Source: National Science Foundation

Scientists discover multitude of uses for decaying wood

Dead wood is not dead weight. A living tree is one organism within a forest, but a dead tree is an ecosystem all its own, says Mark Harmon, a biologist at Oregon State University. While a living tree sustains only itself, a dead tree becomes a host for insects, fungi, bacteria, and many other living things. Harmon is one of several researchers who is helping with a 200-year-long study on the decomposition of trees. Their research shows that since logs take a long time to decompose, they create a stable living space for other organisms. The organisms aid in the tree’s decomposition process in many ways: beetles track fungal spores into the log’s interior, and the fungi grow and use the tough bits of the wood as sustenance. Decomposition depends not only on the kind of tree itself, but all of the other organisms which take up residents within it. This research will allow forestry units to better understand the work they do within forest ecosystems.

Source: National Science Foundation

New research suggests babies are judgmental

Research supported by the National Science Foundation’s Social, Behavioral, and Economic Sciences Directorate has shown that babies are judgmental.

Babies have many different sociological preferences. They have been observed to prefer people who look like them and who speak the same language. Babies tend to be drawn to social people, disliking those who are antisocial. There is also some evidence that babies can prefer people who mistreat others, so long as the mistreated individuals do not share the child’s food preferences. This suggests that babies behave with the mentality of “the enemy of my enemy is my friend.”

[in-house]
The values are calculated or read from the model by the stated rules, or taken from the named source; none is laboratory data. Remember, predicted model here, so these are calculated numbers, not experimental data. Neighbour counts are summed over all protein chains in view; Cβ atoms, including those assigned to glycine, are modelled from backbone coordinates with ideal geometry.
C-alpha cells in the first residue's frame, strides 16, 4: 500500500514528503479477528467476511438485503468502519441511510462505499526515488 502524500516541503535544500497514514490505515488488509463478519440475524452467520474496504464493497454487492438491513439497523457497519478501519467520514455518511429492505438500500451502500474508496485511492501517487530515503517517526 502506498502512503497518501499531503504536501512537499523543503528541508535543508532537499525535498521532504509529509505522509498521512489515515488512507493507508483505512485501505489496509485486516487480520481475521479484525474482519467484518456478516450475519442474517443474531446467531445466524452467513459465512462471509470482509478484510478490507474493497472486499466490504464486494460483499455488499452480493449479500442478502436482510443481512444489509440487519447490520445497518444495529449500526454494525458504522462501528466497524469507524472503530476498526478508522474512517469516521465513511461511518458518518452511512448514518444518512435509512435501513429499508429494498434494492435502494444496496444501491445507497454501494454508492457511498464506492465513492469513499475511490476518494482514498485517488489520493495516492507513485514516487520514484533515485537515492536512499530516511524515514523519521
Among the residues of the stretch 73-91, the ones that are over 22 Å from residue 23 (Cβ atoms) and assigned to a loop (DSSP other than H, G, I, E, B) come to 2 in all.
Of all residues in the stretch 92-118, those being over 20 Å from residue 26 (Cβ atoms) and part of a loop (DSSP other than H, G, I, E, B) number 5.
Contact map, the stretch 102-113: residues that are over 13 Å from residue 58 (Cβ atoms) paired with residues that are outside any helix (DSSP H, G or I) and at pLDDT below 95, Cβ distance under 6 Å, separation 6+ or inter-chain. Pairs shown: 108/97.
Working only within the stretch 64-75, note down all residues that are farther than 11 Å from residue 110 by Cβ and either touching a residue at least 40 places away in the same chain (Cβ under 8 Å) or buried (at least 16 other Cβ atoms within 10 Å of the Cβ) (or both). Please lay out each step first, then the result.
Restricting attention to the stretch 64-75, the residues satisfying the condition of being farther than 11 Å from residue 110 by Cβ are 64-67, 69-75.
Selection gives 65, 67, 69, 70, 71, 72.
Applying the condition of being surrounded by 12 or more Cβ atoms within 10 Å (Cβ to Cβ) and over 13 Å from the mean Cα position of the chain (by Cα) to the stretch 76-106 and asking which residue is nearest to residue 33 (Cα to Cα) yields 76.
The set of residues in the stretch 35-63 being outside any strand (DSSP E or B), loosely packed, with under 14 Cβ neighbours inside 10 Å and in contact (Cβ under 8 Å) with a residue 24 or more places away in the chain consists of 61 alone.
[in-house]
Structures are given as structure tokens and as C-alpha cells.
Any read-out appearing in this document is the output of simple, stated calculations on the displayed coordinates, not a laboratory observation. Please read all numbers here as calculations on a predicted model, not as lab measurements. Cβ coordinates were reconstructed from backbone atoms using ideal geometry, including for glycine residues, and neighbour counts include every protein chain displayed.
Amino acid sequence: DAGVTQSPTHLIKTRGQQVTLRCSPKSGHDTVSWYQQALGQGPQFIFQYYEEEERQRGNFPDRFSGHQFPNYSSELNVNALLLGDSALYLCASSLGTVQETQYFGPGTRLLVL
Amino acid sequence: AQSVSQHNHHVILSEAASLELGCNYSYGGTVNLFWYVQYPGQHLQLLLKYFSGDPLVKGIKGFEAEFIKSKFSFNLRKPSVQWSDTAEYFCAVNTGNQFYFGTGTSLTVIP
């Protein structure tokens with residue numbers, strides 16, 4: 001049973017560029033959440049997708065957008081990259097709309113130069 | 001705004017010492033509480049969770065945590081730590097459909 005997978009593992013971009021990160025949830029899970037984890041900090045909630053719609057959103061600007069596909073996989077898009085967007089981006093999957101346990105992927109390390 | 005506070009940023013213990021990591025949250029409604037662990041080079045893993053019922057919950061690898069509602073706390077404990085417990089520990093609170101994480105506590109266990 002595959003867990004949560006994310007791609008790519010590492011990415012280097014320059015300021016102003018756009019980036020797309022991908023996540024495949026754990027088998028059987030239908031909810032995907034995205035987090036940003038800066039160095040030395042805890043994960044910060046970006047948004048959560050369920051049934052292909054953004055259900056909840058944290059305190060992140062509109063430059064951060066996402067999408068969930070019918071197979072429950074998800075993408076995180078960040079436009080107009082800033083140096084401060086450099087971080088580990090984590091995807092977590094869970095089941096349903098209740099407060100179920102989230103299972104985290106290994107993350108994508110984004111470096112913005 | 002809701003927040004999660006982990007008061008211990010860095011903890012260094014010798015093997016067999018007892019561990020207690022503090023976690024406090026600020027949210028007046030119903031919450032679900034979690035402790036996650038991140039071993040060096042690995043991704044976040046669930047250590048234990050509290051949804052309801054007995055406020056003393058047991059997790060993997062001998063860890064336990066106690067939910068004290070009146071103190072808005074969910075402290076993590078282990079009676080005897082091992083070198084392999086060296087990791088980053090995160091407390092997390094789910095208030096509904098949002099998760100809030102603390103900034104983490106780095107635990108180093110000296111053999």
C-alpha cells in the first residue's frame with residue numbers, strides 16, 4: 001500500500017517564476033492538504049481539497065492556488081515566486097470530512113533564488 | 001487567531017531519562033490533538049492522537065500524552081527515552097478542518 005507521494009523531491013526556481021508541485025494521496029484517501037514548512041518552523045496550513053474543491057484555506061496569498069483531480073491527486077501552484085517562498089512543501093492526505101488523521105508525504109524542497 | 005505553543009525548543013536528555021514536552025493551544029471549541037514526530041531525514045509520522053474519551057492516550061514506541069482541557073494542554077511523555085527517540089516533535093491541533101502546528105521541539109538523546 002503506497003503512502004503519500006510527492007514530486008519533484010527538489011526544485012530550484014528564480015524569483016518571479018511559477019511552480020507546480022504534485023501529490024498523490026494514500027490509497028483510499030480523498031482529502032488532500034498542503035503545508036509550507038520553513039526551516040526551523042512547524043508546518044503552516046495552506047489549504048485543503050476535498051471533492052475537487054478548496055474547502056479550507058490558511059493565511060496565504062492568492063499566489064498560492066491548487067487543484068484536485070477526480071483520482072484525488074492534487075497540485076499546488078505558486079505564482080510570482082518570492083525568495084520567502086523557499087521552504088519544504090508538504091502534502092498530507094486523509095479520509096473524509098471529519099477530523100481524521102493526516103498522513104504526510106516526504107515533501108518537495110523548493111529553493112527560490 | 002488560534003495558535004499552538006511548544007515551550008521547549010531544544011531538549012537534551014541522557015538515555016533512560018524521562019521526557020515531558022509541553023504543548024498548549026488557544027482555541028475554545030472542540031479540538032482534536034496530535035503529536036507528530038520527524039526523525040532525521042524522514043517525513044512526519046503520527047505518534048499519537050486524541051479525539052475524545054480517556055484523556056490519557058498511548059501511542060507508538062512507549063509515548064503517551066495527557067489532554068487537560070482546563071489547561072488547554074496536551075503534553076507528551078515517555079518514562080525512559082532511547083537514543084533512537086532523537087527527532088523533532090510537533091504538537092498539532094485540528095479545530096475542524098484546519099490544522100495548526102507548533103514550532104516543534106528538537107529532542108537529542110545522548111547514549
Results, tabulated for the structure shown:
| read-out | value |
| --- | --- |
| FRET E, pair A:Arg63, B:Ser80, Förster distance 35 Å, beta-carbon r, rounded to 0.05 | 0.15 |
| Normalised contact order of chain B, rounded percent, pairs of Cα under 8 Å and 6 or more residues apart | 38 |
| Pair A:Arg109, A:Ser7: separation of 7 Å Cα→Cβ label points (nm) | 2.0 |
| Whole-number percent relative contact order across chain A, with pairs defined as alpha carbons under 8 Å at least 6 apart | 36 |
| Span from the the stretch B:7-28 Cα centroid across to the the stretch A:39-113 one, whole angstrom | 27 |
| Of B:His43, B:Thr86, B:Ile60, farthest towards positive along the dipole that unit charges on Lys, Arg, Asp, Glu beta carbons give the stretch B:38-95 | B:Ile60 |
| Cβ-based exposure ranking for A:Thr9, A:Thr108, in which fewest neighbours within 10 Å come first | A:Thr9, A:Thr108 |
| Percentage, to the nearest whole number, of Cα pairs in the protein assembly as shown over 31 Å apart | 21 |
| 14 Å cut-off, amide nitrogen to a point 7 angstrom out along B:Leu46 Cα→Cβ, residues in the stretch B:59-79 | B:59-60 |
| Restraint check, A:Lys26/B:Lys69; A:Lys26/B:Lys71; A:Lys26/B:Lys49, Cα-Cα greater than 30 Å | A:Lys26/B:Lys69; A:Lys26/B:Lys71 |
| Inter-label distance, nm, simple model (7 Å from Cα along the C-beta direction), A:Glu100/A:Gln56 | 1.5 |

This research shows that infants develop certain social biases early on, associating themselves with those with similar qualities and distancing themselves from those who are different. This research provides further insight into the way babies develop social skills.

Source: National Science Foundation

Gene editing used in treatment of leukemia

Doctors’ toolkits are expanding into the molecular realm as gene splicing becomes practical treatment. Doctors from the Great Ormond Street Hospital in London recently announced their use of modified immune cells in treatment of a one year-old girl’s leukemia.

Using molecular surgery tools known as TALENs and CRISPRs, doctors are effectively editing patients’ DNA. CRISPRs are RNA molecules which guide Cas9 enzymes to a certain spot on the DNA. The Cas9 then snips the DNA in that specific place. TALENs are enzymes which cut the DNA strands themselves.

In the case of Layla, the one year-old child treated with this technology, researchers used TALENs to engineer immune cells known as T cells, which were able to distinguish between her own body’s cells and invaders. Since then she has had a bone-marrow transplant and is currently cancer free.

Source: Sciencenews.org